Laid-Off Movie Critics, the New ‘In’ Focus Group

A new venture pays out-of-work film critics $100 to weigh in on arthouse films


Hollywood has found an inventive use for all those unemployed movie critics out there: focus groups.

The online research company OTX and public relations group mPRm have joined forces to create Critical Focus Exchange, a service in which critics and film reporters offer their expertise to producers and studios looking for feedback on niche and arthouse movies.

The service uses the statistics-based methodology that Hollywood has relied on for more than two decades to test movies, trailers and posters in order to predict consumer choices.

Now the idea is to provide independent producers and niche moviemakers with a similar research tool.

“We know that a ‘definite recommend’ score at a screening results in a real multiple at the box office,” said Kevin Goetz, president of OTX Worldwide Motion Picture Group, in an interview with TheWrap. “Why not take the same idea and bring it into the world of critical response?”

It will also provide a small income for a number of out of work, or freelance, critics. (They’ll get $100 per screening.)

Mark Pogachefsky, a veteran indie film publicist, came up with the concept a year ago, when many critics he knew were being laid off. “I thought, ‘How can we take advantage of all that expertise and create a business around it?” he said.

Dozens of the nation’s most prominent movie critics have been laid off or induced to retire in the past few years – their profession killed by the Tomatometer and the armchair blogger.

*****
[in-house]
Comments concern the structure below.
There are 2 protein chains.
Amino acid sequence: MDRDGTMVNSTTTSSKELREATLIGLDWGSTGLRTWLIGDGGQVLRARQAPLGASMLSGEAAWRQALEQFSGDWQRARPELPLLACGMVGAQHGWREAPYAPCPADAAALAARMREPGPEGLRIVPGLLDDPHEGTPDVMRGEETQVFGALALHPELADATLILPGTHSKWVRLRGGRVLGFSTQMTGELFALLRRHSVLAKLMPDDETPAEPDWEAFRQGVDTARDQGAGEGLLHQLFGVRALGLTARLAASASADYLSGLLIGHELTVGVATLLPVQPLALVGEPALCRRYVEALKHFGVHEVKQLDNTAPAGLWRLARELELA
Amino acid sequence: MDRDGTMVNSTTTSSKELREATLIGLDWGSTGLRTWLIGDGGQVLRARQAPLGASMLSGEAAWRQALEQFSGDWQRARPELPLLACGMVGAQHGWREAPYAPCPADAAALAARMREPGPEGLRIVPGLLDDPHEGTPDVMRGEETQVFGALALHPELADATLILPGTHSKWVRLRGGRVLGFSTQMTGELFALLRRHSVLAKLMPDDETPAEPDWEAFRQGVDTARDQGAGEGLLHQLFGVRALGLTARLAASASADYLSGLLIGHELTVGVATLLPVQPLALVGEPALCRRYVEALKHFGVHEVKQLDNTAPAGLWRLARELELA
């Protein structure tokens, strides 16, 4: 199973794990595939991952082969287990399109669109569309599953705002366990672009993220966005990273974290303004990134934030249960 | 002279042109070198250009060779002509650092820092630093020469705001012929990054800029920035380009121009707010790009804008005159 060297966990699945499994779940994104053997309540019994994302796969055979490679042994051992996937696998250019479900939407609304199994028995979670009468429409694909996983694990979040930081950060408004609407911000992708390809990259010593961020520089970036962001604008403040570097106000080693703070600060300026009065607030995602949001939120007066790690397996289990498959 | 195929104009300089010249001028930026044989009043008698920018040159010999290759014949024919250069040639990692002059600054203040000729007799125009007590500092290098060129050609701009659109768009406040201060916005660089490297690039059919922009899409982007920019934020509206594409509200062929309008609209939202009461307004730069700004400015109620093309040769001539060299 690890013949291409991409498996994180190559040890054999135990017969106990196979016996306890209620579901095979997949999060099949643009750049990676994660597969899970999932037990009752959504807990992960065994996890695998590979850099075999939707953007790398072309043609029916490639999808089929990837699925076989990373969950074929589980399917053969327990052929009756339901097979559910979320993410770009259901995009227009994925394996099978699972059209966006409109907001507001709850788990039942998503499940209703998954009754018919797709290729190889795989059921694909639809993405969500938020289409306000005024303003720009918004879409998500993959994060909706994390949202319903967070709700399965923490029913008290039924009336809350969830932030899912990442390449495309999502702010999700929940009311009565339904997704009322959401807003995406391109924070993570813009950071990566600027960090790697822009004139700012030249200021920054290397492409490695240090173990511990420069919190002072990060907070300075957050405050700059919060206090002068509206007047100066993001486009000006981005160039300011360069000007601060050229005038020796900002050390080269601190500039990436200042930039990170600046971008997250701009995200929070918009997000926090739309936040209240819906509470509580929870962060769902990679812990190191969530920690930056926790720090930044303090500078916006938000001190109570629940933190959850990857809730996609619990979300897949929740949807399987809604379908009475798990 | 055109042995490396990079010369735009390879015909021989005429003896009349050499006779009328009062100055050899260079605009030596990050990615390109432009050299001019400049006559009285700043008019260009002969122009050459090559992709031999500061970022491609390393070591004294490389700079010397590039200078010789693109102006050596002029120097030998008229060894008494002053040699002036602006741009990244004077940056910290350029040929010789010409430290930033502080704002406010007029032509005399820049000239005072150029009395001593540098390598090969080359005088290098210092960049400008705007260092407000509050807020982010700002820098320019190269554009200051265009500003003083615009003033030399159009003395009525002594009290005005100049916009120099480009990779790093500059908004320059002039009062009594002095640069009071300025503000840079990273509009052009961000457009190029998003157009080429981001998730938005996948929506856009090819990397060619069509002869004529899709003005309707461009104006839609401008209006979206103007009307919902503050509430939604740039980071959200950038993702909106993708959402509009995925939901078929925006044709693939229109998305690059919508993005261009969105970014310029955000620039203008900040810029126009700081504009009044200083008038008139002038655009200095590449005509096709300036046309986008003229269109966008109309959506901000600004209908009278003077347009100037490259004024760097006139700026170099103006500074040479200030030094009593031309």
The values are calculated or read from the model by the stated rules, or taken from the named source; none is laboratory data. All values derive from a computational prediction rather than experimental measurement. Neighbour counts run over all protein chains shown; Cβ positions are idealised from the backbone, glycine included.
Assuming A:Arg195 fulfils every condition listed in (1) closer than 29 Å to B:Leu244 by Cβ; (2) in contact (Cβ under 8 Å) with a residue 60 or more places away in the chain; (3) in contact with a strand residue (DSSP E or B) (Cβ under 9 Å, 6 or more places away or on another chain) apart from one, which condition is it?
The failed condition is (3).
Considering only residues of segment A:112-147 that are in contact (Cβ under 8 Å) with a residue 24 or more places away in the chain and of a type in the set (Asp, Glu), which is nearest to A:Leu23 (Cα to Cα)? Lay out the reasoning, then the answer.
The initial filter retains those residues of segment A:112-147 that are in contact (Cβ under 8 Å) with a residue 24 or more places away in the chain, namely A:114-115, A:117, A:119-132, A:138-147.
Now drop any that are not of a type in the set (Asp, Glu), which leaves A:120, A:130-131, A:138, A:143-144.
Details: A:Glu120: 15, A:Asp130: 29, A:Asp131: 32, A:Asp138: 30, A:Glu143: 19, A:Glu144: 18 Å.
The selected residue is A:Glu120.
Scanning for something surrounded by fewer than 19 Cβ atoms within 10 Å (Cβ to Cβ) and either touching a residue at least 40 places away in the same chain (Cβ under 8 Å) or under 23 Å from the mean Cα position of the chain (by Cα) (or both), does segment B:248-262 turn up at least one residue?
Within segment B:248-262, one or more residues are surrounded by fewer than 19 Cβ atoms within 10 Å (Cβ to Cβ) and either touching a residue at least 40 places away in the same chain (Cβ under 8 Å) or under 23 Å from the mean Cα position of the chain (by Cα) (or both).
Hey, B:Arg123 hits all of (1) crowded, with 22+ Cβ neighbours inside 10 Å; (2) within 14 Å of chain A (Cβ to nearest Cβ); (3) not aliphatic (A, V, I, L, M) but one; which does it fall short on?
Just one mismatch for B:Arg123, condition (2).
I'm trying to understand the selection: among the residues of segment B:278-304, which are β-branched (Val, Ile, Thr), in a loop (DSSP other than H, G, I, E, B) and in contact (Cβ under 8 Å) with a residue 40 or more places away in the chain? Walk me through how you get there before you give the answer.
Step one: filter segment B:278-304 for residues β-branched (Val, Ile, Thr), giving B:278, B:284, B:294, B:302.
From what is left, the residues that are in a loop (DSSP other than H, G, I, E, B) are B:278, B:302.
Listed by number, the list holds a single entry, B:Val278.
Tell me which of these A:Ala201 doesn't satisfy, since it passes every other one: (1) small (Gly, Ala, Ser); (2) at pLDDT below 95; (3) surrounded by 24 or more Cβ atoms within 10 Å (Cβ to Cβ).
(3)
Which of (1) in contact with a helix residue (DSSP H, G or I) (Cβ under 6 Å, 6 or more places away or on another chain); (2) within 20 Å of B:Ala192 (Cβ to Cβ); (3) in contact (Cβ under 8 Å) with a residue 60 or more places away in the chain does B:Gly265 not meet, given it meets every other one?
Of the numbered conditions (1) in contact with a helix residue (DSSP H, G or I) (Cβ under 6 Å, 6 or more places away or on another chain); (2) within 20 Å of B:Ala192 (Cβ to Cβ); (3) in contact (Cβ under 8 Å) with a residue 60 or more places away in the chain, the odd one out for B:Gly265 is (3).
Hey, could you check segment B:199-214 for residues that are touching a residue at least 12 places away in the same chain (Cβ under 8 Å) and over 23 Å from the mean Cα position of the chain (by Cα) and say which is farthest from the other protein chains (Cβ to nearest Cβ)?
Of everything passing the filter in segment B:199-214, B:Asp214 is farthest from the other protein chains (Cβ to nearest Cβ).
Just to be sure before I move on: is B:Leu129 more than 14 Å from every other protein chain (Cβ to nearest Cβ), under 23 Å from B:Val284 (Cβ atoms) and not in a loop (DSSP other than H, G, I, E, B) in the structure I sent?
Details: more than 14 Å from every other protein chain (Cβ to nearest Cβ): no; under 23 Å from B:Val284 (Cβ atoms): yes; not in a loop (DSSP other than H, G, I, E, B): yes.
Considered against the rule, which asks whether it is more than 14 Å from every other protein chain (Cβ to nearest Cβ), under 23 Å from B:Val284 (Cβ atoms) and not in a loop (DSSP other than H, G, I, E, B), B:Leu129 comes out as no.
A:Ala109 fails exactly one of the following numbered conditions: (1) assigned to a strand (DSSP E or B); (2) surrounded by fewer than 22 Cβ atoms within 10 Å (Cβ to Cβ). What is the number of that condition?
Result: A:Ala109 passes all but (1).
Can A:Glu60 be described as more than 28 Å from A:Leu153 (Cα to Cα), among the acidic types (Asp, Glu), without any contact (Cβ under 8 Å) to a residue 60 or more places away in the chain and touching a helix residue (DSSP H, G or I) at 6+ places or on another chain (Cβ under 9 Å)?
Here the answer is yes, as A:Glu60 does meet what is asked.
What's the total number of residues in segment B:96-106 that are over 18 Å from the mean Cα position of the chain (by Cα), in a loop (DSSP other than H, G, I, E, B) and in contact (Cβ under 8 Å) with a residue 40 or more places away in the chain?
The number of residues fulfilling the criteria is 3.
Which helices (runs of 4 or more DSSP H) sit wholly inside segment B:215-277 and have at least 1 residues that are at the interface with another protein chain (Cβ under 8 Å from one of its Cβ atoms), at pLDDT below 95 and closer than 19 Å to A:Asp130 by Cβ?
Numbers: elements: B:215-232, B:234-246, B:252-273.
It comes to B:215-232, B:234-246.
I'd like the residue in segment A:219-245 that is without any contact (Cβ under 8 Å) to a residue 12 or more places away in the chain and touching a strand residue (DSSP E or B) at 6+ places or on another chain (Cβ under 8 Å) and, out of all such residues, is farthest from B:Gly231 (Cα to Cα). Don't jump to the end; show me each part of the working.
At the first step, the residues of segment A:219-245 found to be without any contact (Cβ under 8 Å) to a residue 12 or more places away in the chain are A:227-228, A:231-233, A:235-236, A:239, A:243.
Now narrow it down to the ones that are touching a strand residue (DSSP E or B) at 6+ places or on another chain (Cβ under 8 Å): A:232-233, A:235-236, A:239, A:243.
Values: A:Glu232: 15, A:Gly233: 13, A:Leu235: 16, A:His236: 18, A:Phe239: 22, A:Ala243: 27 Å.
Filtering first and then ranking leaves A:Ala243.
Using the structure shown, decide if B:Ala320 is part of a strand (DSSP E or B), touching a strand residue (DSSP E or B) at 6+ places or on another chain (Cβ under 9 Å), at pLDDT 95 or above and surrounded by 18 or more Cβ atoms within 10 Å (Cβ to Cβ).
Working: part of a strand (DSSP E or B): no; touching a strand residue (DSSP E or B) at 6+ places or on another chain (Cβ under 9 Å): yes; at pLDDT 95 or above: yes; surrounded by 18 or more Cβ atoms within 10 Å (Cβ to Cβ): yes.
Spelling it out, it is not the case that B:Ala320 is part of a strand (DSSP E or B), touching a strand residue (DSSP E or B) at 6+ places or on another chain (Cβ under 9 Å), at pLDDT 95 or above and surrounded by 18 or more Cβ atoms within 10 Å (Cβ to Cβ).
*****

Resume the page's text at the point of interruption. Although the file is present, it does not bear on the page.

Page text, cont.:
Among the prominent names that are steadily disappearing are Leah Rozen soon-to-be formerly of People, Michael Wilmington, formerly of The Chicago Tribune, Scott Foundas ex of the LA Weekly, Jack Mathews former N.Y. Daily News, Glenn Kenny ex of Premiere, Stephen Hunter, the Pulitzer-winning ex-critic of The Washington Post. (Update: Rozen writes to say she took a voluntary buy-out, and will be there until the end of the year. People intends to keep a full-time critic, she says.)

“I have no agenda to employ out-of-work critics,” said Goetz. “My motivation is to help our clients.“

Goetz said he grew convinced that he could create a statistically significant sample of critics’ opinions based on groups of 10 to 20 critics in New York and Los Angeles.

They declined to name the critics participating in the panels, but said many of them were well-known freelancers or currently unemployed.

The screenings, which have been tested over the past six months, will be aimed at movies that are seeking distribution. Critics, who remain anonymous in research results, fill out standardized questionnaires similar to those of participants in classic focus groups.

Among the questions they anwer are:

*Would you definitely recommend to your readers?
*Does this movie have awards potential?
*Is this movie appropriate for festivals, mainstream movie houses or indie houses?
*Who are your favorite characters?
During the testing period of the past six months, the concept has won some admirers.
“I believe that to keep independent film alive, you need to depend on critical response,” said Liesl Copland, who with Graham Taylor runs the William Morris Endeavor independent film division. “We need this desperately. If we had relied on the Variety review of ‘Napoleon Dynamite’ to sell the film, we’d never have made a deal.”
But not everyone is enamored of the concept. There’s such a small percentage of movies where critics matter,” said Patrick Goldstein, columnist at the L.A. Times. “So, sadly, it’s for a very narrow slice of movies. They matter for Oscar movies or occasionally adult drama. I’m a skeptic.”
“I wouldn’t think of doing it,” said Joe Morganstern, veteran critic at The Wall Street Journal.  “Because then I become part of the merchandizing machine. It’s what I’ve resisted all my life. I value my independence. My independence is what I’ve got to sell, as much as my knowledge.”
Still, he observed, “I can’t judge anyone else’s need to survive and sell their knowledge.”
Pogachefsky and his partner Rachel McAllister said that no critics at national newspapers were part of the focus groups, but that many might be writing about the films later on. They would have to agree to see the film again in order to write about it critically.